POPE-INDONESIA Oct-31-2005 (430 words) xxxi
Pope condemns beheadings of Christian girls in Indonesia
By Catholic News Service
VATICAN CITY (CNS) -- Pope Benedict XVI condemned the "barbaric" beheadings of three Christian girls in Indonesia and prayed for the end of civil strife in the area.
Masked men armed with machetes attacked the girls as they walked to school in the town of Poso Oct. 29. Their heads were taken by the killers and were found later in the day, one near a Catholic church and two near a police station.
The girls were dressed in the brown uniforms of their Catholic school on the island of Sulawesi, which has a history of violence between local Christians and Muslims. A fourth girl suffered facial injuries but survived the attack.
The Vatican said that as soon as the pope was given the "painful news of the barbaric killings of three Christian girls in Indonesia" he sent his condolences to the families of the victims.
He also asked the local bishop, Bishop Joseph Suwatan of Manado, to convey his sympathy to the local Catholic community.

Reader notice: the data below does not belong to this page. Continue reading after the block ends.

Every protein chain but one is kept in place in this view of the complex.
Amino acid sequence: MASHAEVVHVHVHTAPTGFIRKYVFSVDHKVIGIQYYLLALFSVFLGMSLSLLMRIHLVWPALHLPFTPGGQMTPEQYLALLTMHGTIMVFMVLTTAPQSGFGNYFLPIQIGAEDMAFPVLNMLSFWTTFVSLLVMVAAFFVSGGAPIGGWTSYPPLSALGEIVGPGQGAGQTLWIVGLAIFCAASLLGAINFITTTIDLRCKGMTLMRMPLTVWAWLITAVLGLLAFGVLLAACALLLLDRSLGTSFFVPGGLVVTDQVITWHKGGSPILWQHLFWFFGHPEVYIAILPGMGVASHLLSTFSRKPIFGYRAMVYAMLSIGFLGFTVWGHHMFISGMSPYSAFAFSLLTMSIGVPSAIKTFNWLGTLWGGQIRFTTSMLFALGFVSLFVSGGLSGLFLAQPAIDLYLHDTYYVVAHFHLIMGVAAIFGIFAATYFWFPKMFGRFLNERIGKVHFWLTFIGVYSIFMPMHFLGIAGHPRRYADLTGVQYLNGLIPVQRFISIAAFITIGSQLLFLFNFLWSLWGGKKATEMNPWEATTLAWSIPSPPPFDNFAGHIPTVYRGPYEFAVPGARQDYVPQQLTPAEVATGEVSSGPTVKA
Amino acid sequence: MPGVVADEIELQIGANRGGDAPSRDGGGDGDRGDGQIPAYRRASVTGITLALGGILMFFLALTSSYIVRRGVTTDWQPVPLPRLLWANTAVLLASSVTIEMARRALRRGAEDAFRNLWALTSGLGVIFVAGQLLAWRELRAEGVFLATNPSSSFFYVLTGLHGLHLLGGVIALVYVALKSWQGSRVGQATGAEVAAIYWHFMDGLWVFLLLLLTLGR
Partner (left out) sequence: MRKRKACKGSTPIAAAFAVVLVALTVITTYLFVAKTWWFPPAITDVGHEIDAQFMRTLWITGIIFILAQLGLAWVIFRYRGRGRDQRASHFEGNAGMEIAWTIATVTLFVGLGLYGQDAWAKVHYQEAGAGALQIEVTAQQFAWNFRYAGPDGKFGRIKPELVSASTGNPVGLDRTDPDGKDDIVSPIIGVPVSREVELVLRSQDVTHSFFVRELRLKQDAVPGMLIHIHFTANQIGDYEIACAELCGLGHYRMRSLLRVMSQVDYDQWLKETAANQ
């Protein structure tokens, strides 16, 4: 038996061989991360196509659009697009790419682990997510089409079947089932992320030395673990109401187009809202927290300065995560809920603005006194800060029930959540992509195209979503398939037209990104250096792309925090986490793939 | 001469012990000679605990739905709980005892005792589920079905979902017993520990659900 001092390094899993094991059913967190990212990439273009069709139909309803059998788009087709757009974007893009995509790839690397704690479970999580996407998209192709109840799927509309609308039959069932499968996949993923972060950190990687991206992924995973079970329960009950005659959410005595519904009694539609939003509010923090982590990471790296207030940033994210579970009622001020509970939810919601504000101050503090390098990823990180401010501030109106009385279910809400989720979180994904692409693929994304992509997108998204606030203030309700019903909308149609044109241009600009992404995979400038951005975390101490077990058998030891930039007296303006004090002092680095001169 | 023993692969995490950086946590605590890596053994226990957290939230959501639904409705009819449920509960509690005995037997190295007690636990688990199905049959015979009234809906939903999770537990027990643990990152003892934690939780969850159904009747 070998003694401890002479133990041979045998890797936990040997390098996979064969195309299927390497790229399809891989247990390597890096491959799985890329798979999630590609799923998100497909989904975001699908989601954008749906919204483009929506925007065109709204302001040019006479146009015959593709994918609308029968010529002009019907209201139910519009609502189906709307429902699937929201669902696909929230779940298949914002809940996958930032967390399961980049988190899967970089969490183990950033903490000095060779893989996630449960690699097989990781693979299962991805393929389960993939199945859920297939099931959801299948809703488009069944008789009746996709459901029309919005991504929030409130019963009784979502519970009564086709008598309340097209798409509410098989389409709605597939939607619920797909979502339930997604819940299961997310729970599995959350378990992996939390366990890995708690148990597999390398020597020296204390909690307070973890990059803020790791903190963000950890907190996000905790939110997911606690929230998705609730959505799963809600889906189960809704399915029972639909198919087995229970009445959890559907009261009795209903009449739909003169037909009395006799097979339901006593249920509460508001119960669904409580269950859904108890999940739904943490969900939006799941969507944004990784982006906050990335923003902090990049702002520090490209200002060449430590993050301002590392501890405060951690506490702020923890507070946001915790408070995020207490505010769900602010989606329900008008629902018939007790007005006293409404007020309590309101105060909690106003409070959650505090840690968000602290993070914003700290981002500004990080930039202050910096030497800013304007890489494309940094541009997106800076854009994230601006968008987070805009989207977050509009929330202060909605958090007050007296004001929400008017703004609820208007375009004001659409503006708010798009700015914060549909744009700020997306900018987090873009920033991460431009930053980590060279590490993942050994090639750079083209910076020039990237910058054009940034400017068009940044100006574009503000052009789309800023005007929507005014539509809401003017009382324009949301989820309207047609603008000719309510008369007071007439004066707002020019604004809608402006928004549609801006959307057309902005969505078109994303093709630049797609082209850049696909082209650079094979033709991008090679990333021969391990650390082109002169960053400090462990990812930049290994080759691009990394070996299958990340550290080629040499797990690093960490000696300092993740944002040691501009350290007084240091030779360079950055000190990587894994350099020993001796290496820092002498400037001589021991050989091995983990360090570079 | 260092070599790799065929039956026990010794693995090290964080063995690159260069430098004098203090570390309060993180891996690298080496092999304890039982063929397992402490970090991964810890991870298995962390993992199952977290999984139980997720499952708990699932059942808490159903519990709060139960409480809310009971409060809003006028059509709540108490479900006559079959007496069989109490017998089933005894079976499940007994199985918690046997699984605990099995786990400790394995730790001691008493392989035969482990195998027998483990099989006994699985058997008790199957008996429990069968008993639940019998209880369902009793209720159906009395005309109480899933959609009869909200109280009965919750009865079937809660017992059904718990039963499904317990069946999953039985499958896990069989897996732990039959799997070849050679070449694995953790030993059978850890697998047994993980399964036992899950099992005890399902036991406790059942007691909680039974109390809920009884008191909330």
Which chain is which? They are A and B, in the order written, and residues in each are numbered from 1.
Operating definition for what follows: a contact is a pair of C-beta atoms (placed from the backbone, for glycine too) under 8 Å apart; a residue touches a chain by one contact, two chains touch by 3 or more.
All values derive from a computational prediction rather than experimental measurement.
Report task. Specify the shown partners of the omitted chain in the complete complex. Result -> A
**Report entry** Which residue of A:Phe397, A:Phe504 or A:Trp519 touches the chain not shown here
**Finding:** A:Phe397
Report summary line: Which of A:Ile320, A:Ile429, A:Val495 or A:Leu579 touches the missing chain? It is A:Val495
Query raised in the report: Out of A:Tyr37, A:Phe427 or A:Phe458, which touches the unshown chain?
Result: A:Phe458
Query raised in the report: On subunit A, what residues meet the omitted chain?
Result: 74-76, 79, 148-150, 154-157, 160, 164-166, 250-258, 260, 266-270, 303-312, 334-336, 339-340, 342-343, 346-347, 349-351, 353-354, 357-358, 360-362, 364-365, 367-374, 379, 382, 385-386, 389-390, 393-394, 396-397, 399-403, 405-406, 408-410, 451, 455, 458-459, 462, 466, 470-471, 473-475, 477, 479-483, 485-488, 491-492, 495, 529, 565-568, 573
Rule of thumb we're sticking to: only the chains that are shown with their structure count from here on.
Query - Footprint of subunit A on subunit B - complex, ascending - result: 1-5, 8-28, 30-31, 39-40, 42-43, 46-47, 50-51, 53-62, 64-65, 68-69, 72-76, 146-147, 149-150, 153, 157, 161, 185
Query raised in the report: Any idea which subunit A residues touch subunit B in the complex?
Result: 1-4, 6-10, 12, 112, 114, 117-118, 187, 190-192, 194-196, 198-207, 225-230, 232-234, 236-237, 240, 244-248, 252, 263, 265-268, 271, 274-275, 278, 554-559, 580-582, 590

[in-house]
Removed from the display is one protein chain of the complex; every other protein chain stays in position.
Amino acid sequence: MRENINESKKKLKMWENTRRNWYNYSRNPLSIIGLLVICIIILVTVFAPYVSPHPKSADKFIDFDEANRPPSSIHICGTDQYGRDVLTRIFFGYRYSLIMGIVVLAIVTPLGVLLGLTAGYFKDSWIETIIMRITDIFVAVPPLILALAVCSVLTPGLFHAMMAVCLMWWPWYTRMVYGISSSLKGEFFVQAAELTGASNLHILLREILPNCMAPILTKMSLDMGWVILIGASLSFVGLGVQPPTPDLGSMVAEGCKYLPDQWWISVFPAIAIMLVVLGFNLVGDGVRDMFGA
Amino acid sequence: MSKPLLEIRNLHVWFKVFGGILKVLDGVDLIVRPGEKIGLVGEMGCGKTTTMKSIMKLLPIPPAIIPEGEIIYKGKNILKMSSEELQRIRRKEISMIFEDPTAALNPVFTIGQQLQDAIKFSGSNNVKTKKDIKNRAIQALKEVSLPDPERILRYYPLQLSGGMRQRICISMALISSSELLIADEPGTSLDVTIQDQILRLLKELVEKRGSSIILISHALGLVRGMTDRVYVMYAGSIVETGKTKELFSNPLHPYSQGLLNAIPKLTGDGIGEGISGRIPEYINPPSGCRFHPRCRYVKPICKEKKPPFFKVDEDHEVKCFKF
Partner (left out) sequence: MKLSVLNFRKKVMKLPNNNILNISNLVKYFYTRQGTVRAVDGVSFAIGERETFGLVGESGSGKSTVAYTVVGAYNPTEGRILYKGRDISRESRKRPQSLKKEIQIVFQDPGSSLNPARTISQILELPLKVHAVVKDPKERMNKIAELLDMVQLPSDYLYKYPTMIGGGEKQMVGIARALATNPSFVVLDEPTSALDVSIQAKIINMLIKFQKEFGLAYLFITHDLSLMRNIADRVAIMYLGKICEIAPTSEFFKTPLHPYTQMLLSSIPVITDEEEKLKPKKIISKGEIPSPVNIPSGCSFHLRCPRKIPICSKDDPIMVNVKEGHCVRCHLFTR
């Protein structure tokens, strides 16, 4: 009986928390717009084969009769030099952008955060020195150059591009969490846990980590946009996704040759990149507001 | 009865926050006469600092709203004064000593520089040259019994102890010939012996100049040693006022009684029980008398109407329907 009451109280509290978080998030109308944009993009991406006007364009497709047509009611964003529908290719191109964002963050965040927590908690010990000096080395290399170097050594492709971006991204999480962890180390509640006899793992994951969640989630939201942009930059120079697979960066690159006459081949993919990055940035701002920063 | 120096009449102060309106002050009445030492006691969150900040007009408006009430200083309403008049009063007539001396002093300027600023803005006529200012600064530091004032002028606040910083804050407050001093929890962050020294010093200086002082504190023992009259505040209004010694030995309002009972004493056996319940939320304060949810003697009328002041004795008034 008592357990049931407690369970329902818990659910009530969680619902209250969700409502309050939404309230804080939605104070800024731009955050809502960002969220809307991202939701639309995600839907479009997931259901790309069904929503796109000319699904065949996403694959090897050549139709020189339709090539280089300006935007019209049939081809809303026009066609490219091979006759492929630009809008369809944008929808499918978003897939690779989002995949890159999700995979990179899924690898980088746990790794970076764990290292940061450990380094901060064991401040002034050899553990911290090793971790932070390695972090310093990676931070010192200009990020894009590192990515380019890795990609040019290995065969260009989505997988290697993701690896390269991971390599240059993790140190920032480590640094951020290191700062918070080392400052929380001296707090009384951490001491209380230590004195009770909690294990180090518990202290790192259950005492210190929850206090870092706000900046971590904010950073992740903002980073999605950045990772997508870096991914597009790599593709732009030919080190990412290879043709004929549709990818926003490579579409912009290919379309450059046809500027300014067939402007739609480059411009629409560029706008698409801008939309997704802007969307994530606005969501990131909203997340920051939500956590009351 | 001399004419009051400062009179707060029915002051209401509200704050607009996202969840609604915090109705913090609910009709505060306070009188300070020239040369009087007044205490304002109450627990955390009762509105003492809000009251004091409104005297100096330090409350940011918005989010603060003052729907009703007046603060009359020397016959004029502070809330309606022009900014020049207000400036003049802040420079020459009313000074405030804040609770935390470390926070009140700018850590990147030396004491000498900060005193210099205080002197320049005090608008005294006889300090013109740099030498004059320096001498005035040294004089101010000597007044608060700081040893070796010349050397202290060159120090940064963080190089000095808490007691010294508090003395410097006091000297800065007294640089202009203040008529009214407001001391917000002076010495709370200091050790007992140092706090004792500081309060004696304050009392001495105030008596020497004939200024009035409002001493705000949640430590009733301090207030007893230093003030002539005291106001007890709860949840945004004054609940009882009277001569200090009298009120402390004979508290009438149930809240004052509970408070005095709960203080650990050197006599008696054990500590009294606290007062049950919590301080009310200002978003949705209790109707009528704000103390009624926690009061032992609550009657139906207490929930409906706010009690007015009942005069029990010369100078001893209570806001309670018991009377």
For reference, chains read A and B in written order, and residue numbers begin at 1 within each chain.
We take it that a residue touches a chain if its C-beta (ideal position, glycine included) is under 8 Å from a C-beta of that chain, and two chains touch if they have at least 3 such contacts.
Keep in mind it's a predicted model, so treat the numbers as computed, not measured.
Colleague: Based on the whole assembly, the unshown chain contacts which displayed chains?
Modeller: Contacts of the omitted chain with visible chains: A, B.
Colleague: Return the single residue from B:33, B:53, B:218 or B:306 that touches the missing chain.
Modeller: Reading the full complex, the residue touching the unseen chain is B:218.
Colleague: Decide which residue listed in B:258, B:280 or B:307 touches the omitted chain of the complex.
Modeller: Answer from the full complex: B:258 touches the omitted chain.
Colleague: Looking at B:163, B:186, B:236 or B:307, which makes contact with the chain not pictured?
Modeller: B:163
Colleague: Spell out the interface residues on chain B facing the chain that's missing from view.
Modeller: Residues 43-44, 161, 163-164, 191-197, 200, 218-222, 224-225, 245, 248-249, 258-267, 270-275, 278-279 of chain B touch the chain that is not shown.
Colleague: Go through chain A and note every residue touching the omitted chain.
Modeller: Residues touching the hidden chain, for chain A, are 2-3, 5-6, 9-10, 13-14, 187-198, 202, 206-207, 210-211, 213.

The Vatican said the pope was praying "for the return of peace between those populations" on the island.
According to Italian news reports, Bishop Suwatan said the killings were part of a destabilization campaign.
"We are facing a strategy of terror that aims to shock the population and make it feel insecure, precisely when relations between the two communities have become peaceful," Bishop Suwatan said.
Last May, two bomb blasts in a predominantly Christian town on the island left 20 people dead. Officials said they were an attempt to reignite violence in the religiously mixed area.
Several times the church has joined with local Muslim leaders in efforts to quell the violence, which broke out in 1998.
Central Sulawesi is an impoverished, remote area wedged between the predominantly Christian northern and mainly Muslim southern parts of the island. Its people earn a living from farming and fishing.
Some have described the violence there as a spillover from fighting between Christian and Muslim communities in the Molucca Islands to the east.
Others have said it was caused by the influx of mainly Muslim migrants from Java, reducing the Christian majority. Muslims now dominate the political and commercial life in the area around Poso, and local people maintain that tens of thousands of mainly Christian inhabitants have been expelled from Poso and surrounding villages.
Christians said some of the violence in recent years has been provoked by members of the Jihad Fighters, a Java-based militant Islamic group that claims to offer protection for Muslims it says are being besieged by other communities.
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